(658f) A Stochastic Techno-Economic Model for Quantifying the Economic Costs of Cellulosic Bioenergy Pathways in the Northeast U.S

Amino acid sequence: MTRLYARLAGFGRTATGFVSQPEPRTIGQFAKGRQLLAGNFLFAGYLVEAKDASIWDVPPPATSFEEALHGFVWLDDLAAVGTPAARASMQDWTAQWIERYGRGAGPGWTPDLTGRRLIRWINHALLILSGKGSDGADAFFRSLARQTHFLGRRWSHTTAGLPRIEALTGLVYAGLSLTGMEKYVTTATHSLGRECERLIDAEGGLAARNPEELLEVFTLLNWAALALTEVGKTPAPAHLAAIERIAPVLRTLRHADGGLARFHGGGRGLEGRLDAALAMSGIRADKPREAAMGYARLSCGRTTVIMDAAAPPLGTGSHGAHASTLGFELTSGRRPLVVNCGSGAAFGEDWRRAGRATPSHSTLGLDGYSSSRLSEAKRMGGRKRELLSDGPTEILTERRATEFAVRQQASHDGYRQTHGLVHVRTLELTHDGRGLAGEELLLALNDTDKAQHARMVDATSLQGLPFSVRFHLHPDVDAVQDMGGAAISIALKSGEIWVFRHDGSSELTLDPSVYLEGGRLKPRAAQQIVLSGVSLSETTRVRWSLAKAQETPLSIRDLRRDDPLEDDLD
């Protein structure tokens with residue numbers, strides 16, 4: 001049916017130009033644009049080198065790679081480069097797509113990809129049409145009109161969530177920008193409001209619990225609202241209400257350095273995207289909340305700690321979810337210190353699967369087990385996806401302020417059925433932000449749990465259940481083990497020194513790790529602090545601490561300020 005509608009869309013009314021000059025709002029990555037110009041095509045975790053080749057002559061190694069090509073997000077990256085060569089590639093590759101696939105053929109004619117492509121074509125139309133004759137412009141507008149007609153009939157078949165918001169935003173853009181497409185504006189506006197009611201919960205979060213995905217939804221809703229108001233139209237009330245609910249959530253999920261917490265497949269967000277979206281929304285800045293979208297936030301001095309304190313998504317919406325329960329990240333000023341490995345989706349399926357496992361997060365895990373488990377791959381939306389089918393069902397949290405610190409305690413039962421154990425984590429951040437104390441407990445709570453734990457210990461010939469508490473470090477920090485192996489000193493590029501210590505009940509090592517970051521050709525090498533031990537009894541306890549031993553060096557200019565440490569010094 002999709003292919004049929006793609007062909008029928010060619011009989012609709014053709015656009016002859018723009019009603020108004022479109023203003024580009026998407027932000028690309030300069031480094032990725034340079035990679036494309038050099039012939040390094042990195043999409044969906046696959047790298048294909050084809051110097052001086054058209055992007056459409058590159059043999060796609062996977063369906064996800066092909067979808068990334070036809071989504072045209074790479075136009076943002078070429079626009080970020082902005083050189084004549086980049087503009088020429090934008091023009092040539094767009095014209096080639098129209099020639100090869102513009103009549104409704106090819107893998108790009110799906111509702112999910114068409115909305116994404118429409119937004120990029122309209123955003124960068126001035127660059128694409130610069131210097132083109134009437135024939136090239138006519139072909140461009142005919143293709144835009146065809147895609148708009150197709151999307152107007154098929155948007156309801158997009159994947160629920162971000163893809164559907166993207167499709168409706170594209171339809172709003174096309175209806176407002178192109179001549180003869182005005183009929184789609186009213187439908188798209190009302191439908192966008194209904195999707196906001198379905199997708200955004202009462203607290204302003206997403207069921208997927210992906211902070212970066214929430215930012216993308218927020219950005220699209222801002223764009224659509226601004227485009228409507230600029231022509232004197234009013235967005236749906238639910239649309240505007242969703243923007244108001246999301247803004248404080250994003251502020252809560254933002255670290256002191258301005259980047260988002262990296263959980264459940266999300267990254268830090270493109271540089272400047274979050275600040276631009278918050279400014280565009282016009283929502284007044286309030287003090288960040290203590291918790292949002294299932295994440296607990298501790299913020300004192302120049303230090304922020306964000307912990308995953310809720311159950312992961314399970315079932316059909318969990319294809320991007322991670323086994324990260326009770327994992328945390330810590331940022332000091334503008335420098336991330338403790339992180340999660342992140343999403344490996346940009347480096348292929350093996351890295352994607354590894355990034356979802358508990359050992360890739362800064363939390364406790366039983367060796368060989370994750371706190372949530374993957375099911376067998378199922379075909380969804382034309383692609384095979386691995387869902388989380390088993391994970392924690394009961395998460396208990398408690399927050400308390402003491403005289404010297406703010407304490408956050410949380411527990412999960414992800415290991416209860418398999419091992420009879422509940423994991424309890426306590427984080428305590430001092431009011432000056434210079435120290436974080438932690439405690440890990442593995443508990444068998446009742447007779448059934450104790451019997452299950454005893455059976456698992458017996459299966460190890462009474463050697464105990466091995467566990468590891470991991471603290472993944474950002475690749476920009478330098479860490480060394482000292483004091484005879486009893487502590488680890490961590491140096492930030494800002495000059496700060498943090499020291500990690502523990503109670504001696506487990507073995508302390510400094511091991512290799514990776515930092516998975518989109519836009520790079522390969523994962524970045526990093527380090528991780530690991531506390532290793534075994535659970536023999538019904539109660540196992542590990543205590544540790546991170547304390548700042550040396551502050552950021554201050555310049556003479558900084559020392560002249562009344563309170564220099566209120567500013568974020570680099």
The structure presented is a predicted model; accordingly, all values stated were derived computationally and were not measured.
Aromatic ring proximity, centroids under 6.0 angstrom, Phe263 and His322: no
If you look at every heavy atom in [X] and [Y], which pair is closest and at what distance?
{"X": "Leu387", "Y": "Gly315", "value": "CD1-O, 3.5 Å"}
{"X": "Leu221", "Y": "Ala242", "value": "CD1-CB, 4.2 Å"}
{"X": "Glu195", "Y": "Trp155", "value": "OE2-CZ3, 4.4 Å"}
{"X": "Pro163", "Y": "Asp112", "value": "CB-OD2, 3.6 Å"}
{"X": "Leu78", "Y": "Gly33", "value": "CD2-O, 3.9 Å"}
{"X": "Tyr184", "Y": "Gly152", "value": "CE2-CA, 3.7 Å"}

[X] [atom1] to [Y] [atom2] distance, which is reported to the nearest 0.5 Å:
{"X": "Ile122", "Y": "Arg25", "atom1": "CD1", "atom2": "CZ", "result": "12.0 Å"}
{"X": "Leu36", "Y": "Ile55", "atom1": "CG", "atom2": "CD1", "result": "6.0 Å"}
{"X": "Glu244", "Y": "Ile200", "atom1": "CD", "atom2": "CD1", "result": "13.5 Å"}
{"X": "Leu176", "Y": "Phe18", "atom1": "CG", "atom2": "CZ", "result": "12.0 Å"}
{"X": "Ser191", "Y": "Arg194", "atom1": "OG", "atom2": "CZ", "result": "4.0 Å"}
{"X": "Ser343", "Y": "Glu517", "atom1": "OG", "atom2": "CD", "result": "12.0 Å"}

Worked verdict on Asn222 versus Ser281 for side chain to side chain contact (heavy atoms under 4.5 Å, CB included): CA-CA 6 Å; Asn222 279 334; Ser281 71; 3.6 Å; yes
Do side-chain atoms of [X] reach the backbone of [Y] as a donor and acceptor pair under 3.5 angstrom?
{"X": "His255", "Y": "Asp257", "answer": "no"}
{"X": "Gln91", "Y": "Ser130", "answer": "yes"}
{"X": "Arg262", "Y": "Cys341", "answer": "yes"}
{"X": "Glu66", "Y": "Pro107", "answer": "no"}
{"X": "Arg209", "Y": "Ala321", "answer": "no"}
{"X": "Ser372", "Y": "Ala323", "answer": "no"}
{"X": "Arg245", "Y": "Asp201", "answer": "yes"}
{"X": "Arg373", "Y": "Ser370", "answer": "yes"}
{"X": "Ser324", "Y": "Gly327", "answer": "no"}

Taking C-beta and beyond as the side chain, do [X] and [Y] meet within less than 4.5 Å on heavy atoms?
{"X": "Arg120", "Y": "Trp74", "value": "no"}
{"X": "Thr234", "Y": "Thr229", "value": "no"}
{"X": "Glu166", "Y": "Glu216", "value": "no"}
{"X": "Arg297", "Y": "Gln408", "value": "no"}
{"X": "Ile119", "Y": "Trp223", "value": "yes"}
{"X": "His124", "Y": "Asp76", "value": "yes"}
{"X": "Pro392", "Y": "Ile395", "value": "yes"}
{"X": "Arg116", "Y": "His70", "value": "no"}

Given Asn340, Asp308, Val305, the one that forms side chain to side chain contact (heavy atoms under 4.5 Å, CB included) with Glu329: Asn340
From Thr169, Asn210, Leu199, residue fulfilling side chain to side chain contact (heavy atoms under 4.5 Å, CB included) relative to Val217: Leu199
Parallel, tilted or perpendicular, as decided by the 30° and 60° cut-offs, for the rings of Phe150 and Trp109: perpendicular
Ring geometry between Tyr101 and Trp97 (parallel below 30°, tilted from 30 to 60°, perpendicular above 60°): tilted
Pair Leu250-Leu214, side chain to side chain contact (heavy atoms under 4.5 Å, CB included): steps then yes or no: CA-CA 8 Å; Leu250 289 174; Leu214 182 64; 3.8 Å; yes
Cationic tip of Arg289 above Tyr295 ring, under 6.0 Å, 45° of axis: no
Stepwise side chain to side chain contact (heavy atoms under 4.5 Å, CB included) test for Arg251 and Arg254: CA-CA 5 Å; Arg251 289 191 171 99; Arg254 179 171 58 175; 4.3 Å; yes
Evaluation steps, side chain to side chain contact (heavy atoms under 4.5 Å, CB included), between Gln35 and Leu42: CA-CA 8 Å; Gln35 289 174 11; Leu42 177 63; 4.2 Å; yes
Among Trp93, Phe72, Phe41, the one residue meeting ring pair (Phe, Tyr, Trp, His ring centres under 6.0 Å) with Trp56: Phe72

New York State has established a Clean Energy Standard that requires 50% of its electricity to be derived from renewable resources by 2030. The closing of substantial nuclear power capacity in the near future is expected to create additional demand for renewable baseload power in the interim. Upstate New York is characterized by large tracts of unproductive former pasture and cropland on which shrub willow has been demonstrated as a potential cellulosic bioenergy feedstock that has the additional potential to rebuild soil carbon via net carbon sequestration. Shrub willow is used as a feedstock for baseload heat and power at small commercial-scale projects throughout New York State. Researchers at SUNY College of Environmental Science & Forestry have developed a stochastic techno-economic analysis model of shrub willow plantations in the U.S. Northeast to quantify the economic feasibility of the biomass as a bioenergy feedstock. This research, which is being funded by the USDAâs Biomass Research and Development Initiative, is part of a broader project that will determine the economic and environmental feasibility of multiple forms of cellulosic bioenergy in the region in pursuit of state energy goals (Massachusetts has also implemented ambitious renewable electricity targets). This proposed oral presentation within the Biomass Availability and Logistics technology area will provide an overview of the project's energy and environmental motivations, the design and building of the stochastic techno-economic model as well as results, and the modelâs potential applications in regions outside of the U.S. Northeast.